Lately I’ve been thinking and writing a lot about musical momentum… that quality that keeps people listening to a song. Without it, songs would just be one nice sound following another nice sound, and though it may seem strange to say, that’s not enough to keep people listening.
There’s a sense of expectation that keeps people listening to a song. For example, when we hear a verse melody moving higher and higher, we instinctively want to hear where it ends up. That keeps us listening.
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When we hear a chord progression start on a I-chord, then move away from that tonic chord, we expect to hear the progression eventually move back to the I-chord in the chorus. That’s another way good songwriters might keep us listening.
What about lyrics? How do songwriters use lyrics to create that important sense of expectation?
Often people will say that verses should pose questions that get answered in the chorus. But rarely does this happen in a literal sense. Songs would be pretty boring if every one of them used verse lyrics that ask questions, followed by chorus lyrics that answer them.
But good verse lyrics do several things that give us the same feeling as if questions were being posed. Here are some examples:
1. Emotional Ambiguity
A good verse lyric describes a situation without being overly clear what your emotional response (as the songwriter) might be. Verses are good at introducing characters, laying out the scene, etc., but shouldn’t get overly specific about emotions.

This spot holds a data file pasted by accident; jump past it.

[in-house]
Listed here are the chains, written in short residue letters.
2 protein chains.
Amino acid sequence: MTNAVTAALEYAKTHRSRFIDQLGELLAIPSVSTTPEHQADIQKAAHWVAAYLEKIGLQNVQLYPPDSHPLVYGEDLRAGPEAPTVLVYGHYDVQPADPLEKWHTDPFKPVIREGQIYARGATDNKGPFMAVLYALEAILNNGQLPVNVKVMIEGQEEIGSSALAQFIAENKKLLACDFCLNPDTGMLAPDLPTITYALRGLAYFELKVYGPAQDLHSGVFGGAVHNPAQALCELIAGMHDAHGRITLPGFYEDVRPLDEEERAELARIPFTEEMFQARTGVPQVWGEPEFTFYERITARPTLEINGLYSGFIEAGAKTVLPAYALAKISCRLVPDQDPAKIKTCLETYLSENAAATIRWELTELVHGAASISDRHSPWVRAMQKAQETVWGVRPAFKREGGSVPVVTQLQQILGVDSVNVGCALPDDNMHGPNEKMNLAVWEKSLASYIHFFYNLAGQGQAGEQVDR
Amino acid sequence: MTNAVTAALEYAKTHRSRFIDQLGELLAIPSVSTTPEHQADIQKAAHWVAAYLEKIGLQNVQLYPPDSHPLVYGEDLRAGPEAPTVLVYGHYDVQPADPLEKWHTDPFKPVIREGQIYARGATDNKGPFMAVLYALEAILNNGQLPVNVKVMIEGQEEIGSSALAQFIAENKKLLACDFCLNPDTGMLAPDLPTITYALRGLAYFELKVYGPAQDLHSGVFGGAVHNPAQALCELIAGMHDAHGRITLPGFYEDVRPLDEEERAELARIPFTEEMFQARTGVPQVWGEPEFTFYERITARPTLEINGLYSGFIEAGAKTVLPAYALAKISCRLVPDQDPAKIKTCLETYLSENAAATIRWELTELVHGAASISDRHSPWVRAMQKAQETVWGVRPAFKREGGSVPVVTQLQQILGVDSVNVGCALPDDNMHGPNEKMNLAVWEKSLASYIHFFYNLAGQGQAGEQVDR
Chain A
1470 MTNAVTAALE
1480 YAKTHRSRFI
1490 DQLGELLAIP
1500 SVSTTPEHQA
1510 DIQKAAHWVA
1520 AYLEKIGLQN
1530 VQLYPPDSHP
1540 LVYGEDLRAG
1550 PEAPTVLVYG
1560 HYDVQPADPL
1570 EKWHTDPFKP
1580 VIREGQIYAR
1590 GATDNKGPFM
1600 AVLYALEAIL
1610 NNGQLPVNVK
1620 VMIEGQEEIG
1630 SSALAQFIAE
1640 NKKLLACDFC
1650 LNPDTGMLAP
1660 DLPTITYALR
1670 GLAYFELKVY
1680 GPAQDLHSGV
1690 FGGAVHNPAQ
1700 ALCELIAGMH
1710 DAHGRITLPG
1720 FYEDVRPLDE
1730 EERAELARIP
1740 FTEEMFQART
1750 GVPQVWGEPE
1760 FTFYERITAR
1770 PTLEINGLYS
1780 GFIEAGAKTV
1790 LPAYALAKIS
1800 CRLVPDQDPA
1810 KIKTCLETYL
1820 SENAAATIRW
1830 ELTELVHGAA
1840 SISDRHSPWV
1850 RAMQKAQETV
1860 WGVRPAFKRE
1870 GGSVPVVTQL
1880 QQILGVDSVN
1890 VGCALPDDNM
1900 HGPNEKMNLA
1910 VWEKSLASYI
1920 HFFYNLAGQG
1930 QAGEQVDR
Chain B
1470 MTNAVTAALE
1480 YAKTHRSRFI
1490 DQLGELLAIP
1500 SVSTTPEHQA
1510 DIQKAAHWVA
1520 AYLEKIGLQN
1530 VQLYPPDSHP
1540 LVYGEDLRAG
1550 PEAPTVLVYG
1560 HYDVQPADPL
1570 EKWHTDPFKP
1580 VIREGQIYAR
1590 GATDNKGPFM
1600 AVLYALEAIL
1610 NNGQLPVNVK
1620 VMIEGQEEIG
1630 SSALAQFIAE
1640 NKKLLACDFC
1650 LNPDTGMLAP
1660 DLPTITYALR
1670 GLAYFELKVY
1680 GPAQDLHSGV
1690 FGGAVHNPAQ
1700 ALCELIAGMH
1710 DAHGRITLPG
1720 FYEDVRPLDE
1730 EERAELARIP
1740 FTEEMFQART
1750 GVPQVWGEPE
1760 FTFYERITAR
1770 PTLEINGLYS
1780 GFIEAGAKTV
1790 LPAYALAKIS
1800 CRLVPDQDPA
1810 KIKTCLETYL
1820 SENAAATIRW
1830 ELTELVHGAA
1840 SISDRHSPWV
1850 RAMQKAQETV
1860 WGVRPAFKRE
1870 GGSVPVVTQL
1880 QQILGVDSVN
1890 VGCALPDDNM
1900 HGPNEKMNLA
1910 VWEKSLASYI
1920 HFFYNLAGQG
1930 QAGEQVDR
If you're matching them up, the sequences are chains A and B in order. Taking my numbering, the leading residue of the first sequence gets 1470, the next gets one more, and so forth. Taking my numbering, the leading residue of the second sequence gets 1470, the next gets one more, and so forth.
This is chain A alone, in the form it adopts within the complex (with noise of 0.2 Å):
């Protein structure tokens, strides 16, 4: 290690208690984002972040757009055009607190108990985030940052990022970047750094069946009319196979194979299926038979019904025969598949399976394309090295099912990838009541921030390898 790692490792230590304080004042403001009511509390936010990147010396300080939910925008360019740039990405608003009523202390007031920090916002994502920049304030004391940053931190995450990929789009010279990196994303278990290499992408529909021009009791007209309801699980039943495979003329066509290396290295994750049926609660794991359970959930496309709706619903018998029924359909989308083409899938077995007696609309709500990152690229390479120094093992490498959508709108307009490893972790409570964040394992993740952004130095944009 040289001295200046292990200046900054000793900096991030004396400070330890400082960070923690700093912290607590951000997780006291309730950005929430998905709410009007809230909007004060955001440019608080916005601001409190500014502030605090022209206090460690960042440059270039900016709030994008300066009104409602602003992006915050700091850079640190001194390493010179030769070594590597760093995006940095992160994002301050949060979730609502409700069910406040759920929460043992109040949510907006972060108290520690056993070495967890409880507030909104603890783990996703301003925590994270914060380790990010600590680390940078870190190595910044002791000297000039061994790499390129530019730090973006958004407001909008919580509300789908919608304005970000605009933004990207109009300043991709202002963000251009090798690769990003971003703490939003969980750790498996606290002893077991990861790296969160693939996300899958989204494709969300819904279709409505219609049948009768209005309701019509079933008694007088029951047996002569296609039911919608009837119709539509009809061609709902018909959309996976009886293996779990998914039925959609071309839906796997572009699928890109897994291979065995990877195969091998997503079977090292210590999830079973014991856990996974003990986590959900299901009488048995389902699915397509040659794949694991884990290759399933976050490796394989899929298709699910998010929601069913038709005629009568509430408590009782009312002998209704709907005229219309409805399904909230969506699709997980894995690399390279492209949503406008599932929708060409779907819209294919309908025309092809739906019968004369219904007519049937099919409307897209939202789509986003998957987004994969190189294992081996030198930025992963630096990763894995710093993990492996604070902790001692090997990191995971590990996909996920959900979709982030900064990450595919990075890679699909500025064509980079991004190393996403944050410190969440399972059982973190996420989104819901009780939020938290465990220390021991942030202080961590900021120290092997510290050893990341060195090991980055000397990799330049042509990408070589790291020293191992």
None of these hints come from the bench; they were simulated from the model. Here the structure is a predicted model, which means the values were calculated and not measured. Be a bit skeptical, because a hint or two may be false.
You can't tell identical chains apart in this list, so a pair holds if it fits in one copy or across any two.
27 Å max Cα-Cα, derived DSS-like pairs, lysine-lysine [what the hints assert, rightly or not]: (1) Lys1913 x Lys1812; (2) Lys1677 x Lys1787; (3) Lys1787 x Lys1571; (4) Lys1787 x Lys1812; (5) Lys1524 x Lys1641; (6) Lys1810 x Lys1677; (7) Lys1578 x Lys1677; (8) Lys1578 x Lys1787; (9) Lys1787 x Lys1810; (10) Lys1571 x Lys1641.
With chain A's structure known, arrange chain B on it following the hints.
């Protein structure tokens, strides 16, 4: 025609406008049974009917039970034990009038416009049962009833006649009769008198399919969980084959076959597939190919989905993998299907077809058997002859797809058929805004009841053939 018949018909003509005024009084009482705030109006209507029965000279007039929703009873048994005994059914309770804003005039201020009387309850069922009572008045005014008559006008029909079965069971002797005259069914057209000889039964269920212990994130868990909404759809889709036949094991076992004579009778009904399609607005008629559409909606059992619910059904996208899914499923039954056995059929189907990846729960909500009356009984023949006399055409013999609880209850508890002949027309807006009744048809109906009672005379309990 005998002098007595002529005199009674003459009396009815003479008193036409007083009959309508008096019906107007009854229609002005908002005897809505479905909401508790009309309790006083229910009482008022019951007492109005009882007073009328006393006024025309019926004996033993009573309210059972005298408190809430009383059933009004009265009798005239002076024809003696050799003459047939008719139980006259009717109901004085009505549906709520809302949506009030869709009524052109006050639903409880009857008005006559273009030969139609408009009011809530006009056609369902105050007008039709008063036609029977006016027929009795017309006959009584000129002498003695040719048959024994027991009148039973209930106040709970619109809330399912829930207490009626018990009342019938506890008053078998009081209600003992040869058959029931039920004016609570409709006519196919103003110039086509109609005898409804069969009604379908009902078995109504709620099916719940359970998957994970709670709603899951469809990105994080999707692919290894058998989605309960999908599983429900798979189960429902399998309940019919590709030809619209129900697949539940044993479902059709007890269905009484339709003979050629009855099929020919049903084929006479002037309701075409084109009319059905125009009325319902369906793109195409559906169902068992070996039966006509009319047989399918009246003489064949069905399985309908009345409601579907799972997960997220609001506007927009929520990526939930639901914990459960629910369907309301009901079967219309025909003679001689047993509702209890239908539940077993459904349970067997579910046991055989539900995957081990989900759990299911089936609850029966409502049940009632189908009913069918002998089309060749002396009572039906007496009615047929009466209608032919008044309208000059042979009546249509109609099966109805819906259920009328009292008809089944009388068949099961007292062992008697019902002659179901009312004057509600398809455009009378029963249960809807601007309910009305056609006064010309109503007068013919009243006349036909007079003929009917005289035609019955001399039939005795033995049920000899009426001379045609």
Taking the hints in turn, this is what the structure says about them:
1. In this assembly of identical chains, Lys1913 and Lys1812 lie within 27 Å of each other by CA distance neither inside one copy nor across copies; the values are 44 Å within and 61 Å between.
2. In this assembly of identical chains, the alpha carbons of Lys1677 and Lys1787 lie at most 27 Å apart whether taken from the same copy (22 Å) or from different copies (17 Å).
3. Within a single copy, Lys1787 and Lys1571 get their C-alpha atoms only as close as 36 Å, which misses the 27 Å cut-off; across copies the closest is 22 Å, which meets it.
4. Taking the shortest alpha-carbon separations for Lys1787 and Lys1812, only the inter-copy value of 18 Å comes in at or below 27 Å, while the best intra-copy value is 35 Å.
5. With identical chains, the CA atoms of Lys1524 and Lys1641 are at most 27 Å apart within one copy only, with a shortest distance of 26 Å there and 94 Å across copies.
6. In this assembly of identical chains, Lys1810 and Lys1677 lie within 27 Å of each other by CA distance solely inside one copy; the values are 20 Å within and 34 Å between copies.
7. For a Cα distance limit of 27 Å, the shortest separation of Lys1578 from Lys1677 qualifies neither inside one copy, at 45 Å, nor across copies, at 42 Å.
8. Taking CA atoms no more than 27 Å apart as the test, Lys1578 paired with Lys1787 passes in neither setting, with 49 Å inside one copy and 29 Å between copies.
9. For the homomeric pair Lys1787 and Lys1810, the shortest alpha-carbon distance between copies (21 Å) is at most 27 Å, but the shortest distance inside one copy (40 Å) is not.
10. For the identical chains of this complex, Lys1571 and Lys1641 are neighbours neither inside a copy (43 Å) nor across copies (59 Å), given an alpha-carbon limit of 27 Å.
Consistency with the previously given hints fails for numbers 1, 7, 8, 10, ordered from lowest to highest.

A good example is Adele’s “Someone Like You”, which uses the verse to set the scene, but as you can see, doesn’t get overly weepy:
I heard that you’re settled down
That you found a girl and you’re married now
I heard that your dreams came true
Guess she gave you things I didn’t give to you
The chorus is where she makes feelings clearer. It’s not so much that she really misses that relationship; it’s more that she doesn’t want to become a complete nothing to this previous love (“Don’t forget me, I beg…”)
2. Powerful Imagery
A good verse lyric uses imagery to describe people and circumstances, but by using metaphors and other poetic devices. By using metaphors, we find ourselves comparing one situation (the metaphorical one) to another (the real one), and that sets things up for an emotional outpouring in the chorus.
Eric Church’s “Record Year” (Eric Church, Jeff Hyde) is a good example of what I’m talking about. He uses the metaphor of a record representing is day-to-day life (“Keeping this turntable spinnin’“), and even though his emotions are clear in the verse, it’s all done in an understated way.
It’s not until the chorus that things heat up (“I’m either gonna get over you/ Or I’m gonna blow out my ears.”) We really get the metaphor, and it deepens our emotional response.
A good verse lyric gives us reasons why the chorus makes us feel the way it does. There’s nothing worse than a verse that starts by describing how you feel, while giving no backstory to base those emotions on.
In that way, the verse and chorus are important partners, each with its own set of responsibilities.
If you take a look at practically any lyric that works, you’ll notice that the best ones offer a very clear up-and-down of emotion through the length of the song, and that’s what keeps us riveted, and coming back.
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